Tuesday, March 13, 2012
It was 33 years ago today that the New Jewel Movement seized state power on the Caribbean island of Grenada – a textbook cold war revolution, but with several elements that gave it exciting potential.
Grenada is a small island with just over 100,000 people. On this scale, socialist theorists have an opportunity to rethink collective production and ownership without the size burdens of the Soviet model. These are an English-speaking people of African decent. What happens on Grenada can be easily shared with a large African-American and pan-African audience.
We tend to remember the Grenadian Revolution through the historical lens of its tragic demise; but, what lessons are there to be learned from all that was done right during this period?
by Rafael Morante Boyerizo
GRENADA: The Future Coming Towards Us
-A documentary on the Grenadian Revolution.
The Grenada Tapes
-John Douglas (one of the "Future Coming Towards Us" filmmakers) has begun digitizing some of the tapes he made while living in Grenada.
The Grenada Revolution Online
-Learn the basics of the story of The Grenadian Revolution.
The Revo Blog
-One woman's personal account of the Grenadian Revolution, the coup and U.S. invasion.
Freire in Grenada
-Professor Rich Gibson's analysis of Paulo Freire's Grenadian Literacy Project.
Working Out Grenada: An Interview with Merle Collins
-From Calabash Magazine.
Requiem for Revolution: Perspectives in the U.S. / OECS Intervention in Grenada
-by William Eric Perkins from Contributions in Black Studies.
-An audio reminder of the historical events of March 13, 1979.
The Lost Bishop Photos
-During the invasion, a U.S. paratrooper finds a box of books, pamphlets and unprocessed film in a drainage ditch. A few years later, he develops the film and is surprised to discover photos of Maurice Bishop, Unison Whitman and various scenes from the Revo years.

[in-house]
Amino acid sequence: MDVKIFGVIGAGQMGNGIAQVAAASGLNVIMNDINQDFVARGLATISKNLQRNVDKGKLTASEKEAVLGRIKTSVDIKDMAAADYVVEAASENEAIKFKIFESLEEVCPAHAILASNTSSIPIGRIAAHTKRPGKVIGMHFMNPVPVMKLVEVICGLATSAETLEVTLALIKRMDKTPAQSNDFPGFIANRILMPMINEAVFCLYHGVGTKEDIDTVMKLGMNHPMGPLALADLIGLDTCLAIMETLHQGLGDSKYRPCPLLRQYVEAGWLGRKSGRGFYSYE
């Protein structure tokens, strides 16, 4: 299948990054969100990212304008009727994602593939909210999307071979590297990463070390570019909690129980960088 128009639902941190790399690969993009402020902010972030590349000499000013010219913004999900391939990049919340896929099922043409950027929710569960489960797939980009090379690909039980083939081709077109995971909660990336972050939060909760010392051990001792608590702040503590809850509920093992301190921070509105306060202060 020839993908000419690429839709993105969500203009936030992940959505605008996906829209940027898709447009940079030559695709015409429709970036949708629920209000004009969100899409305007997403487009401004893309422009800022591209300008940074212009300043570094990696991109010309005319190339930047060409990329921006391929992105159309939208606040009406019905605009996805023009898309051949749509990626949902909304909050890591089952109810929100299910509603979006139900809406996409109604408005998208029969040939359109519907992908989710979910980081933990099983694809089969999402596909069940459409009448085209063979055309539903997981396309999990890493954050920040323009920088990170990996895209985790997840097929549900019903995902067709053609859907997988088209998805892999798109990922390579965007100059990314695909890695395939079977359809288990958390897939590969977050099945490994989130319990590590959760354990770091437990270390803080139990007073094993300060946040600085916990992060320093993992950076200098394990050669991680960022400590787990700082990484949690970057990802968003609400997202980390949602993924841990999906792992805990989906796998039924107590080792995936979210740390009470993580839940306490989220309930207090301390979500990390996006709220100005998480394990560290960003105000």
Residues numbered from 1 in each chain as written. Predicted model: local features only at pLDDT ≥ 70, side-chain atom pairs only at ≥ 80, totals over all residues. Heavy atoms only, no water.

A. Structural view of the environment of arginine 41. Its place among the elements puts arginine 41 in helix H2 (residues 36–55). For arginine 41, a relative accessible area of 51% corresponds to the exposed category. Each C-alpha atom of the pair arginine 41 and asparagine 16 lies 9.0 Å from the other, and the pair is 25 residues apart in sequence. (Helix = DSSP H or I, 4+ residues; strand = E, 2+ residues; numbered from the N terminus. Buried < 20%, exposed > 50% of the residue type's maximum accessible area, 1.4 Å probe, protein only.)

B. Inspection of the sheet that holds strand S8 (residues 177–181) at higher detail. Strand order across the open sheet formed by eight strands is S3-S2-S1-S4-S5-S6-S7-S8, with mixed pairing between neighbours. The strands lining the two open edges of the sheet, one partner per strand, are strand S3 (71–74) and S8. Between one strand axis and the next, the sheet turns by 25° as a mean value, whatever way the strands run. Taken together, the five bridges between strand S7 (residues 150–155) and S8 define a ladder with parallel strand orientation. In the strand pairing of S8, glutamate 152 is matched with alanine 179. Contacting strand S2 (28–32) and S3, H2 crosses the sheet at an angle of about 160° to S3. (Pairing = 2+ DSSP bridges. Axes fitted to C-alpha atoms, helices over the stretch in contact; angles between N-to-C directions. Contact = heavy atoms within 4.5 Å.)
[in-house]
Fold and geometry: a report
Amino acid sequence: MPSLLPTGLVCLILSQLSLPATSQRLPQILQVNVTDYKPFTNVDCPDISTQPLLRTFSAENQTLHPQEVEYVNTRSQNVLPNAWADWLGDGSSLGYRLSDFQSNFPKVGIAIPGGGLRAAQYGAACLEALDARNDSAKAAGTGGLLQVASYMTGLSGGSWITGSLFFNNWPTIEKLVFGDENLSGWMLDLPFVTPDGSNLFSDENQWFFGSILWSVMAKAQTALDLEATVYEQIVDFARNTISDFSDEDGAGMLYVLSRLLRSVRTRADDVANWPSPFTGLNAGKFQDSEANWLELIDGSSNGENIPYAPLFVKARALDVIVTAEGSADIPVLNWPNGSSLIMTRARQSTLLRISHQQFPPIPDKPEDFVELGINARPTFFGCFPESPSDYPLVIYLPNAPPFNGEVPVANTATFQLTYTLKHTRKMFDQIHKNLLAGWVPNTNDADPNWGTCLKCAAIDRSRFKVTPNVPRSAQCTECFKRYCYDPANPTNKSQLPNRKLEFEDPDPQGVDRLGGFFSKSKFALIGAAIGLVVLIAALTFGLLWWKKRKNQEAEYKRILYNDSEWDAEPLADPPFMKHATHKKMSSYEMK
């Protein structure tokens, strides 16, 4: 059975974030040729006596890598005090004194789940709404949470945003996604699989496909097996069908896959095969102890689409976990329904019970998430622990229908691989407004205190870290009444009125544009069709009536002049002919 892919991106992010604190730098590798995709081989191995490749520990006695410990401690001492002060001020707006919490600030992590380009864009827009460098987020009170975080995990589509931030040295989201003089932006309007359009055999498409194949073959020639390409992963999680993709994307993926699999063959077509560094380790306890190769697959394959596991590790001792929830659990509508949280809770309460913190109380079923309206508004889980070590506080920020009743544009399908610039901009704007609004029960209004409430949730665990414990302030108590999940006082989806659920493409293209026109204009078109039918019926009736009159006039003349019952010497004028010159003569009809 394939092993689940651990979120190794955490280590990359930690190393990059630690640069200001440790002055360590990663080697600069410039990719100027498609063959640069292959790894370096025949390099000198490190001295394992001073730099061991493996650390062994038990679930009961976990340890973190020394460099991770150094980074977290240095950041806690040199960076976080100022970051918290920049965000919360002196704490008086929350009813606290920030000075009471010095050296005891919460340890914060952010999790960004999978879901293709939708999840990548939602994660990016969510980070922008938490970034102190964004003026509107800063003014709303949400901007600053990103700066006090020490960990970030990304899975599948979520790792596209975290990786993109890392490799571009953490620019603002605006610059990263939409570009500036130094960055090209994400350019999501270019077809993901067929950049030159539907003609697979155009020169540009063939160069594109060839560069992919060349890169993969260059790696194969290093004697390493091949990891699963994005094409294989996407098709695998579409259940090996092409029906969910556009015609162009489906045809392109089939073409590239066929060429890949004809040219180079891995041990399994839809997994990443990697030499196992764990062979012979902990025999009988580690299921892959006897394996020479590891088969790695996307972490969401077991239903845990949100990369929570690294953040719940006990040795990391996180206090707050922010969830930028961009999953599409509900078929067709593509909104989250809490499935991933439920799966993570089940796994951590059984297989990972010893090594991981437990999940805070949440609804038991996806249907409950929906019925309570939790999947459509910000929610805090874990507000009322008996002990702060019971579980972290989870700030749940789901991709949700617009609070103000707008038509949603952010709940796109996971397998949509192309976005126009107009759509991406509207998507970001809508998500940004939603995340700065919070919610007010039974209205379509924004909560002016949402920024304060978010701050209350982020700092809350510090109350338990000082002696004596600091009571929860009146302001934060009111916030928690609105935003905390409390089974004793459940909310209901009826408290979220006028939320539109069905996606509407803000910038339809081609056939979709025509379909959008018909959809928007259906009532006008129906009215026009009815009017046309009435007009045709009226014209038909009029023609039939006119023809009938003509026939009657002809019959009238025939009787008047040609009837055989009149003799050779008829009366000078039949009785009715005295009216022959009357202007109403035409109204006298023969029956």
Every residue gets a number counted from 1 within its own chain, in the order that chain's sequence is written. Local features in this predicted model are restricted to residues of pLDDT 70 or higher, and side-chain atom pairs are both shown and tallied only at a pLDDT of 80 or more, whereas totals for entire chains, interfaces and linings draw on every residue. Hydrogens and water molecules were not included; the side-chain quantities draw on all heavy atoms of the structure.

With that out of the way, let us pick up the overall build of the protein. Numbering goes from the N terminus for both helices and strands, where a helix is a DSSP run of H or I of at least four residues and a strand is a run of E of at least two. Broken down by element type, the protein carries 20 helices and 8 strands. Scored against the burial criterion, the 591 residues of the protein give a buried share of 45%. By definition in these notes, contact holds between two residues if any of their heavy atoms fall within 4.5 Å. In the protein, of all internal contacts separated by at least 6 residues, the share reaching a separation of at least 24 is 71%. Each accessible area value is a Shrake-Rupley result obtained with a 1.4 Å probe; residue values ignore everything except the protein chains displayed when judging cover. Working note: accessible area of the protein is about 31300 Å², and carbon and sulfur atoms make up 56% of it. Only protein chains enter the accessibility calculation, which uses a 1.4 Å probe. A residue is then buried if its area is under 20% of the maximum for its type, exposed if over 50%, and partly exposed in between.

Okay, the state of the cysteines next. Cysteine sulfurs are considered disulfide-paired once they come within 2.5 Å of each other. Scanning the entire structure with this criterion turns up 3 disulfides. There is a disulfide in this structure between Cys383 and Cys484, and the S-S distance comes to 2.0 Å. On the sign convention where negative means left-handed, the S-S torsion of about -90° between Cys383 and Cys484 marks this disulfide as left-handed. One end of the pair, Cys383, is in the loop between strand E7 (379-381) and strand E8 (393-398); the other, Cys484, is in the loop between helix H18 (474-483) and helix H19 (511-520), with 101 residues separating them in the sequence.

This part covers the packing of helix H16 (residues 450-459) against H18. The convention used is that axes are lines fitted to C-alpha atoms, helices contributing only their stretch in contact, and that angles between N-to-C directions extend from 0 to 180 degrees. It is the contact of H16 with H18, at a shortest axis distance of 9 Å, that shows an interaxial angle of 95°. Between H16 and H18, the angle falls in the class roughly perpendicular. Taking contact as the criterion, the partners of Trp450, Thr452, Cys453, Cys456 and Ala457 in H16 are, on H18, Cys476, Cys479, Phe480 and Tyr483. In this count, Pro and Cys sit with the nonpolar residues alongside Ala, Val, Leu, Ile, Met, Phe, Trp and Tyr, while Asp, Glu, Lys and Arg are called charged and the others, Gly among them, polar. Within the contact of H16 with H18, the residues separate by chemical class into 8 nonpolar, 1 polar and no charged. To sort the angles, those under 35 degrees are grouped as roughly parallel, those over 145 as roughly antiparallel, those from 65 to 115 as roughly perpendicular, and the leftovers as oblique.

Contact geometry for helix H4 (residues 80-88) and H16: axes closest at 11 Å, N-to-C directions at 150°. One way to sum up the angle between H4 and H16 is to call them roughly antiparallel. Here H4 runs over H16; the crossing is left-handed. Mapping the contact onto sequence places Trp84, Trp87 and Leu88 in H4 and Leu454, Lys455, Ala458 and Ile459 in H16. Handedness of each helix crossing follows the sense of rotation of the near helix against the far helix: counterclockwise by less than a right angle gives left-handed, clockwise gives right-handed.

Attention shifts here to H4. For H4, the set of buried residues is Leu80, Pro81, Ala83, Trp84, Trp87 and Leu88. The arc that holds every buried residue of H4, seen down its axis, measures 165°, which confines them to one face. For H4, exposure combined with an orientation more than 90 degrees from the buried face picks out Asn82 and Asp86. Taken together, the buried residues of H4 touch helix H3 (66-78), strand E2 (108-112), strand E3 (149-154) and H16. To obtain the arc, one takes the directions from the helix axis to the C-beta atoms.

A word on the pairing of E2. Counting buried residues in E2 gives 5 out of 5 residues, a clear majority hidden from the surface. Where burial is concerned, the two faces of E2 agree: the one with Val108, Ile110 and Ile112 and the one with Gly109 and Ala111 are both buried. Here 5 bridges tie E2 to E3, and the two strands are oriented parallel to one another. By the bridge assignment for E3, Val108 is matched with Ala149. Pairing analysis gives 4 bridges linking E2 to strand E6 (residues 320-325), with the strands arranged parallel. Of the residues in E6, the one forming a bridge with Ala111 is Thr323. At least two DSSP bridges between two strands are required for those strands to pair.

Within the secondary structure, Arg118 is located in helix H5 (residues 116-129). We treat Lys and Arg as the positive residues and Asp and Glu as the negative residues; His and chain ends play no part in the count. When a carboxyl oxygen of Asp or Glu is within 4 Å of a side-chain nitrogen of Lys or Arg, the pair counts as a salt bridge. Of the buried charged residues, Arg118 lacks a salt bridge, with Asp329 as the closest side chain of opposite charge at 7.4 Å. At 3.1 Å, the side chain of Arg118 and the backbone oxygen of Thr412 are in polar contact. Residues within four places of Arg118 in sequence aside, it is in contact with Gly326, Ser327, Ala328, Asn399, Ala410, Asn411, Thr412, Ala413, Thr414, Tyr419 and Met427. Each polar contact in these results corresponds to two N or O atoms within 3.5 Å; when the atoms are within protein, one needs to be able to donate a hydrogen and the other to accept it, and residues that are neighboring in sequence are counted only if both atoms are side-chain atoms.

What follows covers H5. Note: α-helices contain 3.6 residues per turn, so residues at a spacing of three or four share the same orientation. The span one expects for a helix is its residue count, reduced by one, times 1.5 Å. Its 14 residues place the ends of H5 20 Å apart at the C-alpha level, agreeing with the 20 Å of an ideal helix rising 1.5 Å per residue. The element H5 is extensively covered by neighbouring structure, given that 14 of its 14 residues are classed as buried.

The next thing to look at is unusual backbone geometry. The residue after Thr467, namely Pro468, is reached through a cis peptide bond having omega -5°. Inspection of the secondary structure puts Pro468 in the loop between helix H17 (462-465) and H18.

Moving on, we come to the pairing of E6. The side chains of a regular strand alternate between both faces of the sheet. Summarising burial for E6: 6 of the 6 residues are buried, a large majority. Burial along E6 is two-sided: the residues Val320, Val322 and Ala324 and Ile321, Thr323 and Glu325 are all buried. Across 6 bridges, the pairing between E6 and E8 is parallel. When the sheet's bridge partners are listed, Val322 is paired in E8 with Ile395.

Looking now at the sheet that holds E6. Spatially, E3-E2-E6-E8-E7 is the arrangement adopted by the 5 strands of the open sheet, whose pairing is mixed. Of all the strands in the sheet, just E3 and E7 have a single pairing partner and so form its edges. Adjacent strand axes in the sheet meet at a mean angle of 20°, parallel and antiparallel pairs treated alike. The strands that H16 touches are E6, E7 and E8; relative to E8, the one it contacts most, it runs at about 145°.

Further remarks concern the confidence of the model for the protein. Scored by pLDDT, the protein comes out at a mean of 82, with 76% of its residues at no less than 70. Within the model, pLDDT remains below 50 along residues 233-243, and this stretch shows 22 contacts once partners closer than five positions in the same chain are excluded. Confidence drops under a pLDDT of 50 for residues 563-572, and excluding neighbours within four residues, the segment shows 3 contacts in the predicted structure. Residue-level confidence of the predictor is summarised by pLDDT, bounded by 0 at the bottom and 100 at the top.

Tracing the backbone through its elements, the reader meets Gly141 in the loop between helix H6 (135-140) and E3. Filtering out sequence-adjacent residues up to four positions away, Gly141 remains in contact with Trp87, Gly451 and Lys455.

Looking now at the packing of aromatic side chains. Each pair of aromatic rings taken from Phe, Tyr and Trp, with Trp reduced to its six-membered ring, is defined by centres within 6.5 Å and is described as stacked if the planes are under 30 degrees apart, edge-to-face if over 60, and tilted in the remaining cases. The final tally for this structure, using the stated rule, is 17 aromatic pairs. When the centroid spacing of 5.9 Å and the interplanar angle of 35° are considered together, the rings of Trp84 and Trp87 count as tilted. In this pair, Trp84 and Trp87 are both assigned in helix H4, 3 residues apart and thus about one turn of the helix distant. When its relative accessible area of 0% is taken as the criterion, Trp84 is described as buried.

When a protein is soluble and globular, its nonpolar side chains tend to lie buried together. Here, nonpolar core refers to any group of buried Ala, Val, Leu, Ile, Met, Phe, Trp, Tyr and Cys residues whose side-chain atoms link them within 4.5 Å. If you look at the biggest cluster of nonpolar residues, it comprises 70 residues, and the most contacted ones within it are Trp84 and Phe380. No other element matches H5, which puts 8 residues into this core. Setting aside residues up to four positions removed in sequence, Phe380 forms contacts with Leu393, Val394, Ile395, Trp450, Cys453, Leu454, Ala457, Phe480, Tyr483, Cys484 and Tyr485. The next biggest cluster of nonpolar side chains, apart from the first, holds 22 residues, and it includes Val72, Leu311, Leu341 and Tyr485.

United States PSYOP in Grenada
-Sergeant Major Herbert A. Friedman (Ret.) outlines some of the Psychological Operations carried out by the U.S military during the invasion.
GRENADA: Rescued From Rape and Slavery
-Post-invasion comic book put out by the CIA.
The Grenada Documents
-A selection from the over five tons of documents collected by US armed forces during the invasion. This collection has been edited and released by the U.S. Department of Defense, ostensibly to show the inner workings of a hostile regime arming itself against the United States. It also makes an interesting read for anti-poverty activists who wish to see some of the activities of a state-run national development plan.
-In October 2011, the Grenada Arts Council hosted an exhibition: "The Grenada Revolution 1979-1983: Artists' Perspective."
March 13, 2012
Wednesday, October 5, 2011
The Wall Street occupation is gaining support. Business as usual in corporate America is making people angry. The gap between rich and poor continues to widen. The top 1% of the population now owns 40% of this country’s wealth; the bottom 40% holds less than 1%.
Finding creative solutions to these problems will require us all to work together. Start conversations with family, friends and neighbors. Find common passions. Address human needs in our communities. Pressure elected officials to do the same.
Choose an issue that is important to you. Join together with like-minded family, friends and neighbors. Learn how to run a meeting. Set broad goals and specific objectives.
Don’t rely solely on the Internet. Reach out to poor people, people of color, high school and college students, working mothers. Find common ground. Build a diverse movement.
Practice democracy. Struggle through the process of building consensus. Commit to nonviolence. Choose your battles.
Practice sharing. Use theater and art to get your message out into the world. Create a drum circle. Throw a party.
Practice civil disobedience. Practice civility. Use theater to rehearse your nonviolent actions. And remember, if you happen to get arrested for a cause that you believe in...smile!
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